Really, there’s one thing left to try. Back to the orb holder room!
If you put the red potion on the table and the orb in its holder, a flash of light appears between them, transforming the red portion to blue.
Now you can go through the inventory menu to make a green fluid.
Going back through library takes you to the iron wall that you once tried ineffectually to pour red fluid onto. Now, though, the wall melts when you pour green fluid onto it (I’ll leave it to the reader to imagine just what is going on here).
If you venture forth into the cavernous room behind the wall and approach the passage, a white slider appears, blocking your path of retreat. A voice begins to talk to you:
Aha! So you have come to rescue your friends. I am Algar. And you will have to defeat me. I enjoy a game once in a while. To make it more sporting...Take this sword. Now come fight me.
This Algar ghost seems weird. And now you have a sword? What did you fight that skeleton with before? Why does the ghost want you to fight it with a sword? What the hell is going on?
As a game designer, I have no idea why I didn’t let the sword you wield here be something you got from defeating the skeleton earlier. Oh well.
Amusingly, that dialogue is delivered by an invisible object in front of the passage when you touch it. It doesn’t lock, so you are welcome to enjoy the monologue again and again.
Anyway. Nowhere to go but through the passage.
And the year is 1998 so we have… an RPG battle! It says it right there: “-= RPG Battle =-.” Final Fantasy VII and Pokemon are all the rage, so this was almost mandatory for adventure games of this vintage. I’m not actually sure whether I built this engine from scratch or modified someone else’s existing engine. Judging by my object names and labels, I’m kind of inclined to think I borrowed the objects from someone else, though I can’t remember if it was me using another system as reference or wholesale theft.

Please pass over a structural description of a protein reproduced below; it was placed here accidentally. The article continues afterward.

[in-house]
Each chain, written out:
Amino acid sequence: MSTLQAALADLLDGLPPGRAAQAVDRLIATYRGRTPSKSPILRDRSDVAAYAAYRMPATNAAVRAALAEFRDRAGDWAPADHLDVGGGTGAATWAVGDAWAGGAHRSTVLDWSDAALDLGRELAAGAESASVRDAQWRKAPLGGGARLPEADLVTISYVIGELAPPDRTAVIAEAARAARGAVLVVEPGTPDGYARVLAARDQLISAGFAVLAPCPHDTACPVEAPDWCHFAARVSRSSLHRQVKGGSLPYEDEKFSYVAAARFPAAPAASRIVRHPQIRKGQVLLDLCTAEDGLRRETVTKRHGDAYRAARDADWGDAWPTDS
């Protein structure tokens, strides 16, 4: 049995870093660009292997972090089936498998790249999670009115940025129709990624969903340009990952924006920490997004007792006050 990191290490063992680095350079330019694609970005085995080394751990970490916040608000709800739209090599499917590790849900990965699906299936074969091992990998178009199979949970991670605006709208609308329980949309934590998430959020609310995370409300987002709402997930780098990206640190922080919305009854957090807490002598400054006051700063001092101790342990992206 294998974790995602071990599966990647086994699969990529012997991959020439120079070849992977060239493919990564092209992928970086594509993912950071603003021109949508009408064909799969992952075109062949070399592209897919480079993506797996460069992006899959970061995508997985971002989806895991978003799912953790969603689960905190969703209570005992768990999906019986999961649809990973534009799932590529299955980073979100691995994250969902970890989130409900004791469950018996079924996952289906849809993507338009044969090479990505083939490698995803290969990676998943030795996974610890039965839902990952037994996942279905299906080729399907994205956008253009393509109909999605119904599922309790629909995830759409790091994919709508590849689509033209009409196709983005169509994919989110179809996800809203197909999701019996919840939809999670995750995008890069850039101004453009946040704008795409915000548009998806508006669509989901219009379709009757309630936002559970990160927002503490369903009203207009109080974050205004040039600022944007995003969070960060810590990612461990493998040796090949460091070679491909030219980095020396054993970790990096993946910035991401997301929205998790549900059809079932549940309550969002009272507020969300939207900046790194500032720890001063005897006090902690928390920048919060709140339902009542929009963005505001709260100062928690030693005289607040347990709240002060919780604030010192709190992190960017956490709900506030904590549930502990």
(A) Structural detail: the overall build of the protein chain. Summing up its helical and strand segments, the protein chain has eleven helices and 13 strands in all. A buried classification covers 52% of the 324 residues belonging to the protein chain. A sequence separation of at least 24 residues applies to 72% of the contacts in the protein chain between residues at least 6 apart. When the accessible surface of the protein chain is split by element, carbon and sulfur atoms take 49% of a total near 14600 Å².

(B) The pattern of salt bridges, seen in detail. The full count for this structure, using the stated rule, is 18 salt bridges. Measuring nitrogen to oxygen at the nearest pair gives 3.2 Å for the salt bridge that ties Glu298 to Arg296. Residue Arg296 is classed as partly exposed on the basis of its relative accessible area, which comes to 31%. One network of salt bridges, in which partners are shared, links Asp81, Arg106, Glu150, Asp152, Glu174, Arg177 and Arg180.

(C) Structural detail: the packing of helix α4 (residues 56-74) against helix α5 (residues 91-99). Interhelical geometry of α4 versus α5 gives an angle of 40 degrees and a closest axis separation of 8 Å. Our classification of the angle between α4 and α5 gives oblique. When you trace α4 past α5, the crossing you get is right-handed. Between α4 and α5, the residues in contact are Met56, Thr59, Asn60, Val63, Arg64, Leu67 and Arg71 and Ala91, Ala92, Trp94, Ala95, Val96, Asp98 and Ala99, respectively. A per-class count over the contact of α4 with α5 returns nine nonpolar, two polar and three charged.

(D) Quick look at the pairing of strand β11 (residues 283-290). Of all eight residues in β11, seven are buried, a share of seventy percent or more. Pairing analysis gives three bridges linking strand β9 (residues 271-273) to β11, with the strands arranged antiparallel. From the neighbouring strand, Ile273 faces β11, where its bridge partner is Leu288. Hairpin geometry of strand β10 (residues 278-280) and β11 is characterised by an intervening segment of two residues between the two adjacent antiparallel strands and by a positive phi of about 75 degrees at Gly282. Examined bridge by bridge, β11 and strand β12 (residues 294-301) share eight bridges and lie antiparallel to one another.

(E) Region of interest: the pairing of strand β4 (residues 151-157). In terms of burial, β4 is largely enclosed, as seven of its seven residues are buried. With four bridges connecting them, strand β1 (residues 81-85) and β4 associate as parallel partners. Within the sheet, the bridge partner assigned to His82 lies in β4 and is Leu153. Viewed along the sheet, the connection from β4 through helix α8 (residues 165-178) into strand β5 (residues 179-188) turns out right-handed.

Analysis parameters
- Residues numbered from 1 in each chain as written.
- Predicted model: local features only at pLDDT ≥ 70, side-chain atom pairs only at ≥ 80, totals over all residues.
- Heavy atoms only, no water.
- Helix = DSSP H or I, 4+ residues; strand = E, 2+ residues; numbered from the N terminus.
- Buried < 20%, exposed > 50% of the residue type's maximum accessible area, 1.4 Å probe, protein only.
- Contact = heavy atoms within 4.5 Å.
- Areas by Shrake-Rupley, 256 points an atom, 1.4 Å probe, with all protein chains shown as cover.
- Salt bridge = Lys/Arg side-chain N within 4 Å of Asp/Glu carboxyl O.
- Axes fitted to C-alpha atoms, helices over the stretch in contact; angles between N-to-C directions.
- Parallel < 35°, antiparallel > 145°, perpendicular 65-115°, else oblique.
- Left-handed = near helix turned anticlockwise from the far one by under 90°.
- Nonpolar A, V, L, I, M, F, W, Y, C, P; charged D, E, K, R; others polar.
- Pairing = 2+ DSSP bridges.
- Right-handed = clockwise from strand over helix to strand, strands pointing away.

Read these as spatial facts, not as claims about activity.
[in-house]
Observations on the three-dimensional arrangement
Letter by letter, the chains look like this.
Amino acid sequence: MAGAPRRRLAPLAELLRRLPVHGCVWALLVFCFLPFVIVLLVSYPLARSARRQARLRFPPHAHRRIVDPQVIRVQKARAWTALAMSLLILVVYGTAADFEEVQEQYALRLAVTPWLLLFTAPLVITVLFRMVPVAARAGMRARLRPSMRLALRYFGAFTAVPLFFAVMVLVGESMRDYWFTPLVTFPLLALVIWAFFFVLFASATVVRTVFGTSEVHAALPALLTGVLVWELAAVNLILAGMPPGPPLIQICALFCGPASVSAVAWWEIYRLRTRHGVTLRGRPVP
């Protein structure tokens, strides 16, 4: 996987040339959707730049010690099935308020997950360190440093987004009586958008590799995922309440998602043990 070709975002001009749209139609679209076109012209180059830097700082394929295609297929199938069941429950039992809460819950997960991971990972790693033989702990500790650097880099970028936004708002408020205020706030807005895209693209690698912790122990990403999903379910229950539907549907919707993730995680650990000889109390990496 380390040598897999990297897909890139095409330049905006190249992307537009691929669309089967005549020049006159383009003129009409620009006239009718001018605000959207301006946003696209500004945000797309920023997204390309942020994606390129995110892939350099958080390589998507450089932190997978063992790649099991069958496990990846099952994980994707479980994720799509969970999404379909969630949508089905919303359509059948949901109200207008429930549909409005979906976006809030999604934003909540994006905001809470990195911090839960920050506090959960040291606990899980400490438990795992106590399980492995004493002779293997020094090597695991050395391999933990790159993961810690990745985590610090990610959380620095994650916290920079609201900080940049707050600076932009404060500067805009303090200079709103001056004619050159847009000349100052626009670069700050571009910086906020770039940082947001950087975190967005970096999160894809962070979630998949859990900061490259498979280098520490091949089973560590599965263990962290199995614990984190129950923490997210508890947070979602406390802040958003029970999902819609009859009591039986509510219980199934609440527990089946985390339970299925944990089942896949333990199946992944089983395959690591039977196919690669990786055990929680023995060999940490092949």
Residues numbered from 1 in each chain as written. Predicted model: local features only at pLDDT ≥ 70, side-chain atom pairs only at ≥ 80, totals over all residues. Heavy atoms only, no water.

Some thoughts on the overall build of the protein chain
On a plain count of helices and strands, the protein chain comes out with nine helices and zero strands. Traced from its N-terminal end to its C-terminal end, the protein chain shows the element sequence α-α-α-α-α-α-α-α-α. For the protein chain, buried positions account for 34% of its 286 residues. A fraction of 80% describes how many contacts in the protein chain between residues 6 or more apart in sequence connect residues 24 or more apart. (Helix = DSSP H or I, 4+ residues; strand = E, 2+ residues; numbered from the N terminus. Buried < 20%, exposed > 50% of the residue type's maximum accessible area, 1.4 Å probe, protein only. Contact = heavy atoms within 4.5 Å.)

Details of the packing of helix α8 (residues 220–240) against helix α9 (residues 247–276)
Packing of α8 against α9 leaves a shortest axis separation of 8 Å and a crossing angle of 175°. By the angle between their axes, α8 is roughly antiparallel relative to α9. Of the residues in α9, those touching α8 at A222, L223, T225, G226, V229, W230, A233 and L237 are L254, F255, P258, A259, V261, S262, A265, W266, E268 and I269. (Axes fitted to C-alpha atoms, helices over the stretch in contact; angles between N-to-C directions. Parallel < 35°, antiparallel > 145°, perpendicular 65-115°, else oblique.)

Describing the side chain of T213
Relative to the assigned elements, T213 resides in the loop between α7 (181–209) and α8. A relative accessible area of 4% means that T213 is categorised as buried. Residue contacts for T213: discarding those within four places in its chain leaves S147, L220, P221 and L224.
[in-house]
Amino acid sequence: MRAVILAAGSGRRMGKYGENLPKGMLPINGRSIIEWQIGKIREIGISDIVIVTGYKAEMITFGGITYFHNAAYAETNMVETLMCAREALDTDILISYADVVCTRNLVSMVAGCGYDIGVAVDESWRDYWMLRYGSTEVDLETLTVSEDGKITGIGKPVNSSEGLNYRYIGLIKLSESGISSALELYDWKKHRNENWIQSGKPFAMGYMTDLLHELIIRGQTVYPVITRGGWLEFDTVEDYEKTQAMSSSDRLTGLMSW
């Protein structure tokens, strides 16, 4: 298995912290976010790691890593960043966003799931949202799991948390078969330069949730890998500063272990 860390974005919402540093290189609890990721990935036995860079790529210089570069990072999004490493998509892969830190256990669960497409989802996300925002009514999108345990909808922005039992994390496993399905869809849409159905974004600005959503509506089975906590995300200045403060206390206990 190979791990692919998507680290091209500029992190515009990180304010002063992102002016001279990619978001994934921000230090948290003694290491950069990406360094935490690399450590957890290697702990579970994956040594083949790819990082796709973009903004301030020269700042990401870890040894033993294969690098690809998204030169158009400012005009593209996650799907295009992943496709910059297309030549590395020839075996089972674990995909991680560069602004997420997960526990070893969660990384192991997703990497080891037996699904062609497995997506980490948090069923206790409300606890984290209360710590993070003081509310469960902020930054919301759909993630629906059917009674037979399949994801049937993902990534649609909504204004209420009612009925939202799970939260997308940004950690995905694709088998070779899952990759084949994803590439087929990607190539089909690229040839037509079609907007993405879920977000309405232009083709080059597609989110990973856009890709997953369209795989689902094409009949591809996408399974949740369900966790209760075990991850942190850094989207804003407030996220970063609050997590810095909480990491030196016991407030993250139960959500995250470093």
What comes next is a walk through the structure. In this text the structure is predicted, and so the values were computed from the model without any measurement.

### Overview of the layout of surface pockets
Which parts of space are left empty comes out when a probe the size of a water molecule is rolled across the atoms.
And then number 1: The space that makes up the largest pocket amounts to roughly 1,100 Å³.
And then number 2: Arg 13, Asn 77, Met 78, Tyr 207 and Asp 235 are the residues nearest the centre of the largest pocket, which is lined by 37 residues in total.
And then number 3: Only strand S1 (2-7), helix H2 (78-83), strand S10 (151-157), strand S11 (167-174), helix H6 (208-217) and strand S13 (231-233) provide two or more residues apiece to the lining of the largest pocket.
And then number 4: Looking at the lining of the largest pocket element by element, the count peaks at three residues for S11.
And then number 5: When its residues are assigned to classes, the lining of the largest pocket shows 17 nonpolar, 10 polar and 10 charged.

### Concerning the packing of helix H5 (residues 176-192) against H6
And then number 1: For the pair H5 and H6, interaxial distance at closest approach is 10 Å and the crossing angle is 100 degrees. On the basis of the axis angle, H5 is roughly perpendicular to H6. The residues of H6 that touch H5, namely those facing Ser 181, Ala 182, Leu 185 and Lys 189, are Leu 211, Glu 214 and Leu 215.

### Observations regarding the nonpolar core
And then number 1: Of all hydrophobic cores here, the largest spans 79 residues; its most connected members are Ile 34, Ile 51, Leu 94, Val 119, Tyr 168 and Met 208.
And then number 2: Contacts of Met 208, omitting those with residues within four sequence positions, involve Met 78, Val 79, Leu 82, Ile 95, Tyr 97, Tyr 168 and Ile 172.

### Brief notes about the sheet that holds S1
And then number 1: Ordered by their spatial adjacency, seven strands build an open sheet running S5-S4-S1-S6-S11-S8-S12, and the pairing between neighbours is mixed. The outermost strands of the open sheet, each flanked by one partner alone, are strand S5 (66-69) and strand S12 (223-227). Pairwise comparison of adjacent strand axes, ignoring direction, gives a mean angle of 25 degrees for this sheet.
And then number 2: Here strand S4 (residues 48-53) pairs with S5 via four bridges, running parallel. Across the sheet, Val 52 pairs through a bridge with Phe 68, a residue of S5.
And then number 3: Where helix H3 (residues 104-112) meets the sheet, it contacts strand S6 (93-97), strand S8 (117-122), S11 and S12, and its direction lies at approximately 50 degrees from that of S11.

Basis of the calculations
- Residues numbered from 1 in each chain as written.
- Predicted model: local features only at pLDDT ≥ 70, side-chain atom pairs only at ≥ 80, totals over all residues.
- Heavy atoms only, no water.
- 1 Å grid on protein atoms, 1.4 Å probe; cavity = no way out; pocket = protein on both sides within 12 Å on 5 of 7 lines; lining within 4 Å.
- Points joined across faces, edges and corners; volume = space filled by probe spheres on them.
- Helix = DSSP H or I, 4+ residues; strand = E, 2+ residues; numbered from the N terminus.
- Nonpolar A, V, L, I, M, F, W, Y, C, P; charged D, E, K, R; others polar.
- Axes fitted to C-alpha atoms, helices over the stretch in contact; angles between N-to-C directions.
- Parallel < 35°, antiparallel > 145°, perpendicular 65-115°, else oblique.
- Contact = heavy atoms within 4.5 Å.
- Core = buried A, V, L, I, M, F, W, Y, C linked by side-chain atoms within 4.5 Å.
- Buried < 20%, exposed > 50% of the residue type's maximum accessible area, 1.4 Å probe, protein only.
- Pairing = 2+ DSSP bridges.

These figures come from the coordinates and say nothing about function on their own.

The RPG battle was not part of my original QBASIC plans. The full map I have of the 1997 plan had the ghost defeated with a flashlight, which the player would have to find batteries for.
You begin the battle with this warning:
I’m not entirely sure, but I think the notices about double attacks and non-attack turns might come from a bug when I was designing the RPG battle, no doubt modeled on things from Chronos’s ZZT Encyclopedia and other popular ZZT adventures of the time. At last, the gems become relevant: they represent magic. Amusingly, I let the language of ZZT-OOP slip into my description of the health bar: “I would not cast [heal] twice in a row, unless Algar got rid of all that you already put when you were healed.”
Any gems you collected before are now treated as mana. You’re given five in addition to any you found up to this point. That actually may not be enough to survive the battle. It’s also a weird thing to spring on the player this late. Your health--diminished, surely, from the skeleton battle earlier--has nothing to do with your health bar here.
For some reason, I was, around this age, obsessed with drawing ghosts with these weird dark face mask things with yellow eyes and mouths. I designed one for an imaginary fighting game that I revised a few times between the late 90s and 2000, Haunt. In fact, a couple years ago, I drew a similar type of ghost as an enemy for a game I never finished. I don’t know where I got this idea.